If It's Tuesday, This Must Be the Galapagos

Researcher Diana Bianchi is writing about her world tour of the movers and shakers in the history of genetics

Genetics illustration

In a Hawaiian delicatessen in the 1970s, two scientists scribbling on a napkin hatched an idea that opened the door to modern biotechnology. That may sound like an episode of the TV series Lost, but it’s really the story of how the genetics researchers Herbert Boyer and Stanley Cohen discovered a way to produce specific strands of DNA in large quantities—the basis of genetic engineering.

Diana W. Bianchi, a professor of pediatrics at Tufts School of Medicine, wanted to find that deli. A geneticist by profession and history buff by avocation, Bianchi has made dozens of pilgrimages to the sites where genetics history took place. Now she’s detailing her experiences in a book—the working title is A Travel Guide to the History of Genetics and Genomics—that will take readers from Darwin’s home in England to that Honolulu deli, and many stops in between.

“I originally conceived the book as a cut-and-dried travel guide,” she says. “But I found along the way it became instead a personal travelogue, and a telling of the stories behind the discoveries.”

Bianchi first thought of writing the guide in 1990, when she visited the garden where Gregor Mendel discovered the rules of inheritance. A scholar and Augustinian monk, Mendel lived in St. Thomas’s Abbey in Brno, about 130 miles outside of Prague in the Czech Republic—still an active monastery that also houses the Mendel Museum of Genetics. He made his discoveries in the mid-1800s by cross-breeding pea plants with different physical characteristics and charting those traits through subsequent generations.

“I just had this epiphany being in the church where Mendel had worked,” says Bianchi of the inspiration for her book, which occurred before the Internet took off. “I thought, ‘How many people even know how to get here?’ ”

“I just had this epiphany being in the church where Mendel had worked,” says Diana Bianchi of the inspiration for her book. Photo: Alonso Nichols“I just had this epiphany being in the church where Mendel had worked,” says Diana Bianchi of the inspiration for her book. Photo: Alonso Nichols
Visiting the abbey, where you can still listen to the monks chanting, left Bianchi with a much better understanding of Mendel’s life and work. Though the abbey is in the middle of a bustling town, Bianchi had imagined a bigger building in a rural setting. “The garden was very small, maybe 10 by 12 feet,” she says. “Think about all the discoveries that came out of this fairly small plot.”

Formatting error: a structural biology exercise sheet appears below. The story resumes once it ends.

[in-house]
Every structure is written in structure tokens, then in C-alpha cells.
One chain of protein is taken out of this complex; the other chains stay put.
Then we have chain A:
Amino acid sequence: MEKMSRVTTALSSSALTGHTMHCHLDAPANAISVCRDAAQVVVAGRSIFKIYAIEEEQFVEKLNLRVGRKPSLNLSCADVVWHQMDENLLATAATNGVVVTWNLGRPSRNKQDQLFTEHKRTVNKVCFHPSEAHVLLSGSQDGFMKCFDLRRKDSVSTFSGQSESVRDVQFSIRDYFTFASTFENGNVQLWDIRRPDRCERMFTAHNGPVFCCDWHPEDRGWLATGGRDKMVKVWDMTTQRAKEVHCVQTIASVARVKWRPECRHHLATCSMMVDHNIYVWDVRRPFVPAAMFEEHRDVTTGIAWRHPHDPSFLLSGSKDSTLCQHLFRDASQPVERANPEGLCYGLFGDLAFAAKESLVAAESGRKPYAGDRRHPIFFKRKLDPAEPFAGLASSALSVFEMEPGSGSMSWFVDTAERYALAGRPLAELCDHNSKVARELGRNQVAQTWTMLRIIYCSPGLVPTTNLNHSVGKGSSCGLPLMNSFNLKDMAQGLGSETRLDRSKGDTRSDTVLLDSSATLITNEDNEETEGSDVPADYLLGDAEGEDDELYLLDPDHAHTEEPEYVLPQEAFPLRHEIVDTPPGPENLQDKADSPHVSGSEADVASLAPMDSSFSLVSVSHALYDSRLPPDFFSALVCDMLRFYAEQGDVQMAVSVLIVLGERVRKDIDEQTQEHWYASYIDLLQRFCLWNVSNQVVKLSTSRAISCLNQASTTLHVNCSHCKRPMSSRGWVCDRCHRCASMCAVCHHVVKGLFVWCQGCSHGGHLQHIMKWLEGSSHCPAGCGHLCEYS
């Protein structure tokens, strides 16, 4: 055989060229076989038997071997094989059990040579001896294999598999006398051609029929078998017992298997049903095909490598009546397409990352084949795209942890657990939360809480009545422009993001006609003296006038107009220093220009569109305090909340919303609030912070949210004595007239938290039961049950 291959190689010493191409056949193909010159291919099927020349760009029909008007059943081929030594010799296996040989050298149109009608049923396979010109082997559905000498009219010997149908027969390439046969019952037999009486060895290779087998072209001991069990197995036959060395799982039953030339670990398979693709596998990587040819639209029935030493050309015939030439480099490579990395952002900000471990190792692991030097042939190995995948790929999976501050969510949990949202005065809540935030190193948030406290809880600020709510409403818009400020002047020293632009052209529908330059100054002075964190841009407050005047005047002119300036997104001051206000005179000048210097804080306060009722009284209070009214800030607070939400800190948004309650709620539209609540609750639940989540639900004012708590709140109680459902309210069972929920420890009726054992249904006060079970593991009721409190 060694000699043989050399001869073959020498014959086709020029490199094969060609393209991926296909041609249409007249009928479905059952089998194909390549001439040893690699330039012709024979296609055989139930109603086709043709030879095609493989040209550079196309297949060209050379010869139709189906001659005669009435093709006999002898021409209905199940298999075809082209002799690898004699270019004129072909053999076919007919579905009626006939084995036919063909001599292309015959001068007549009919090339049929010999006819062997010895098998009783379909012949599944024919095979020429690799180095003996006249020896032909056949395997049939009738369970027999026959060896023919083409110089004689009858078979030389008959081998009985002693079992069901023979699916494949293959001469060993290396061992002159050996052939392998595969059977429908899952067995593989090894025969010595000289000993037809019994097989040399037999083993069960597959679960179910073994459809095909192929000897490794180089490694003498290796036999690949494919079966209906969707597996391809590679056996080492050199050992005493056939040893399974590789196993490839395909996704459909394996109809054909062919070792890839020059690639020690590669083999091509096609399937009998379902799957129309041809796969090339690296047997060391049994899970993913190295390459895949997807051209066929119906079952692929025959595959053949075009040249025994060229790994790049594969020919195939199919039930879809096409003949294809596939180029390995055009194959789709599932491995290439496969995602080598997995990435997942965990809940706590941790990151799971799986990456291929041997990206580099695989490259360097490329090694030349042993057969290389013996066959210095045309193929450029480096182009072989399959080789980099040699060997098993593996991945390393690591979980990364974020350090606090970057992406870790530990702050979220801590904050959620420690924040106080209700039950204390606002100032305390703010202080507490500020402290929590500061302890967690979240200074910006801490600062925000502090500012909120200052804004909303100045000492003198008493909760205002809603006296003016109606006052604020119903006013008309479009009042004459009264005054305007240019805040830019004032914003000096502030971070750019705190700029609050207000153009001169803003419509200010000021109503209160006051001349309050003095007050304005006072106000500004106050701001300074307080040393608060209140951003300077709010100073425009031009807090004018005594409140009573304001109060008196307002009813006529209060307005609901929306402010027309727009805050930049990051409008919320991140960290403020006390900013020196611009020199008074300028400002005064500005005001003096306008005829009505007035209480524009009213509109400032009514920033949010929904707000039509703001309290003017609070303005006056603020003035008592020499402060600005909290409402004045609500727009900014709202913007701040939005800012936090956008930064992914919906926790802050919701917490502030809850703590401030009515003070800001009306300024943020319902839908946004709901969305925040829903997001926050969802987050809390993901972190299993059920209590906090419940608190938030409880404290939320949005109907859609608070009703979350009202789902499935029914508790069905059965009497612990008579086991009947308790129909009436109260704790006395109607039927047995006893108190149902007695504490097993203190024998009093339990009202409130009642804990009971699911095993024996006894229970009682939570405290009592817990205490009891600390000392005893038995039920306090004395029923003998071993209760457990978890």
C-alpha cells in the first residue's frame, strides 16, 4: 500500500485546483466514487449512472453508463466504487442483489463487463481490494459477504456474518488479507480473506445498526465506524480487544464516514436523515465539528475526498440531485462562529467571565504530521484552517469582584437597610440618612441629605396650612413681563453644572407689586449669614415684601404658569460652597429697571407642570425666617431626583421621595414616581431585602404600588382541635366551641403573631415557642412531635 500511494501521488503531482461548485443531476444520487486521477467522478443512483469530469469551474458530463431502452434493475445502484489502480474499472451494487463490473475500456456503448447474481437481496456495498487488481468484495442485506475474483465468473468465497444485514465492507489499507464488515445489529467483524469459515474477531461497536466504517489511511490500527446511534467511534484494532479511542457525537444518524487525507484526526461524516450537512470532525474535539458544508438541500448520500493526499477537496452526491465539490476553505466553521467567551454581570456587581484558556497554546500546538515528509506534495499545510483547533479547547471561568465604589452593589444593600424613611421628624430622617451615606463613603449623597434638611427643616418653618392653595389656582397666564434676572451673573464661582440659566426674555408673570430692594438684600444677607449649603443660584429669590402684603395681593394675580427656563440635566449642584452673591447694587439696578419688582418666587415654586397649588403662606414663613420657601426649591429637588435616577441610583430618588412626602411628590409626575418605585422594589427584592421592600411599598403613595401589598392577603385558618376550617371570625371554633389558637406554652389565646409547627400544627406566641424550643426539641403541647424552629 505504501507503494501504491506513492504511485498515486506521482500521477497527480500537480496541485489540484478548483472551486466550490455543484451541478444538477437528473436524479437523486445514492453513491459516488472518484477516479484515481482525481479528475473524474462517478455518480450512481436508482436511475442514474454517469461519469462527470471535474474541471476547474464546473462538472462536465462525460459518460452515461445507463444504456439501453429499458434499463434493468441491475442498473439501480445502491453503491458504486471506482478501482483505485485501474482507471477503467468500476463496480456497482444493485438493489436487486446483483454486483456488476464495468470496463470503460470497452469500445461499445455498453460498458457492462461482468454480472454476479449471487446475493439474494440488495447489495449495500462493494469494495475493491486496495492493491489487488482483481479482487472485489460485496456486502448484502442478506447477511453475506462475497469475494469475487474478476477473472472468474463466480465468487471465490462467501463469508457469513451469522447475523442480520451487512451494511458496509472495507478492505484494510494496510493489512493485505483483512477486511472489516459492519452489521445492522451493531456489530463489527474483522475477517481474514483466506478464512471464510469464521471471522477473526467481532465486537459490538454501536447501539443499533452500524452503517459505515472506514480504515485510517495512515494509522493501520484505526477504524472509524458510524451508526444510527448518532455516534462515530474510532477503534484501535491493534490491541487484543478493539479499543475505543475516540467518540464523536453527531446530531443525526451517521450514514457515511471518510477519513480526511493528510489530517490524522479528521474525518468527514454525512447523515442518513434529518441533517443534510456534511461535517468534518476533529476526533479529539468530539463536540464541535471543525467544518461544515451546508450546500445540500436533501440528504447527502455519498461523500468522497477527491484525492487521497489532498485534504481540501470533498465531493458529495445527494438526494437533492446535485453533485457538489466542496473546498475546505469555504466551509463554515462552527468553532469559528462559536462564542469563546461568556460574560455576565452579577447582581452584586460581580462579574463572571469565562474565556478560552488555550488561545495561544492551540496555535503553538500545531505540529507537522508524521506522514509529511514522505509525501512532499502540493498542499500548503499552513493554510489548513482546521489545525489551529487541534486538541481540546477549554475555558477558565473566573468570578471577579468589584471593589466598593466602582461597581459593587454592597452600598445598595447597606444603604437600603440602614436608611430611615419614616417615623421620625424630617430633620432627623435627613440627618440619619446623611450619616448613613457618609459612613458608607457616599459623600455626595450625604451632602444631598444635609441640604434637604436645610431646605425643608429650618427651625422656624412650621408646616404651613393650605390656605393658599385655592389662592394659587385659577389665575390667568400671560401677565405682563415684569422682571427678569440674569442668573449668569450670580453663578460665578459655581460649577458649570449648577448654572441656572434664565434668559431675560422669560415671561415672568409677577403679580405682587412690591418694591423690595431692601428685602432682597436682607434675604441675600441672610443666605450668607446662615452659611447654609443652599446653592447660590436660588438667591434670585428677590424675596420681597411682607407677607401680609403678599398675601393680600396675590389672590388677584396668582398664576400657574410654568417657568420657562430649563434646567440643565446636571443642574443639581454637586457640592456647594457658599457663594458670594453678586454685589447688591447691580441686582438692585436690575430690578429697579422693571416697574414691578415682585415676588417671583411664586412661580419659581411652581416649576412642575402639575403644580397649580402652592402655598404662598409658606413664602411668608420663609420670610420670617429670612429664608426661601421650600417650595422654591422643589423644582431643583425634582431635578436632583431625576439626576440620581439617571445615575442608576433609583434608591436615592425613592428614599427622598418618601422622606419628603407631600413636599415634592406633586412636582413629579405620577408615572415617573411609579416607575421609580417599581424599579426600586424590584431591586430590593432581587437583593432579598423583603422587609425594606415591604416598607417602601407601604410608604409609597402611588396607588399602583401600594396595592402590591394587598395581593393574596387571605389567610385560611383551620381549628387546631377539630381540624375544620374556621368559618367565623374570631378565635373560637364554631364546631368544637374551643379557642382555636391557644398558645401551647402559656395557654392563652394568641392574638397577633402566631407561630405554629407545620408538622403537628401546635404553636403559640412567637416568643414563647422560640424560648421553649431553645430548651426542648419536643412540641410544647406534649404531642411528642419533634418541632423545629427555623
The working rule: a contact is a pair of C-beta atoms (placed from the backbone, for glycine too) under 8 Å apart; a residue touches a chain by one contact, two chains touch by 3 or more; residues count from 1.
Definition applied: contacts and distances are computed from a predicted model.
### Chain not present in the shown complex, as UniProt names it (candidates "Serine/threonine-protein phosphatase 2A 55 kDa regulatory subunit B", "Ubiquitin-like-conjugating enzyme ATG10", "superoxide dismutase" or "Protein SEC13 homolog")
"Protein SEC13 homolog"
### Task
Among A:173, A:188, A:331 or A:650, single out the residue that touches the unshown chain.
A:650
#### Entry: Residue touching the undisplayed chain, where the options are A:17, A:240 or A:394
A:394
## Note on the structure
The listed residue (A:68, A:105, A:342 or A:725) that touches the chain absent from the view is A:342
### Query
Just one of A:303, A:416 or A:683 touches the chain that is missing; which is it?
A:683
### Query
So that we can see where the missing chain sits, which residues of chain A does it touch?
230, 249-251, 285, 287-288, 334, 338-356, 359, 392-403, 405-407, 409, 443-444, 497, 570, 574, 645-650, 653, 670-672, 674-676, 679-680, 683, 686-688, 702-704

Bianchi, who is the Natalie V. Zucker Professor of Pediatrics, Obstetrics and Gynecology and vice chair for research in the department of pediatrics at the Floating Hospital for Children, works at the leading edge of genetics herself. She recently completed the second edition of the award-winning textbook Fetology: Diagnosis and Management of the Fetal Patient. In 2004, she and her colleagues discovered that fetal cells remain in the mother’s blood and tissue for decades after the child’s birth and could be a source of stem cells to repair tissue injury in the mother.

Hands-on Science

An antiques collector in her free time, Bianchi loves artifacts from the past and once volunteered on the set of the PBS program Antiques Roadshow. “I’m interested in the very old and the very new,” she says. “What ties them together are the stories from the past and how they inform the future.”

One of those tales centers on Hugo DeVries, a Dutch botanist who was internationally renowned at the turn of the 19th century. He hypothesized that inherited traits are carried via particles he called “pangenes,” the term we’ve since shortened to “genes.” Working without knowledge of Mendel’s findings, DeVries rediscovered the rules of inheritance.

Bianchi knew that DeVries spent the last 30 years of his life in Lunteren, in the Netherlands, where he died in 1935. But when she and a Dutch colleague visited the town, no signs or plaques even mentioned DeVries, arguably the town’s most famous resident. “This man was a scientific rock star,” says Bianchi. “His funeral was a major international event, but today there’s nothing to indicate that he had been a prominent citizen.”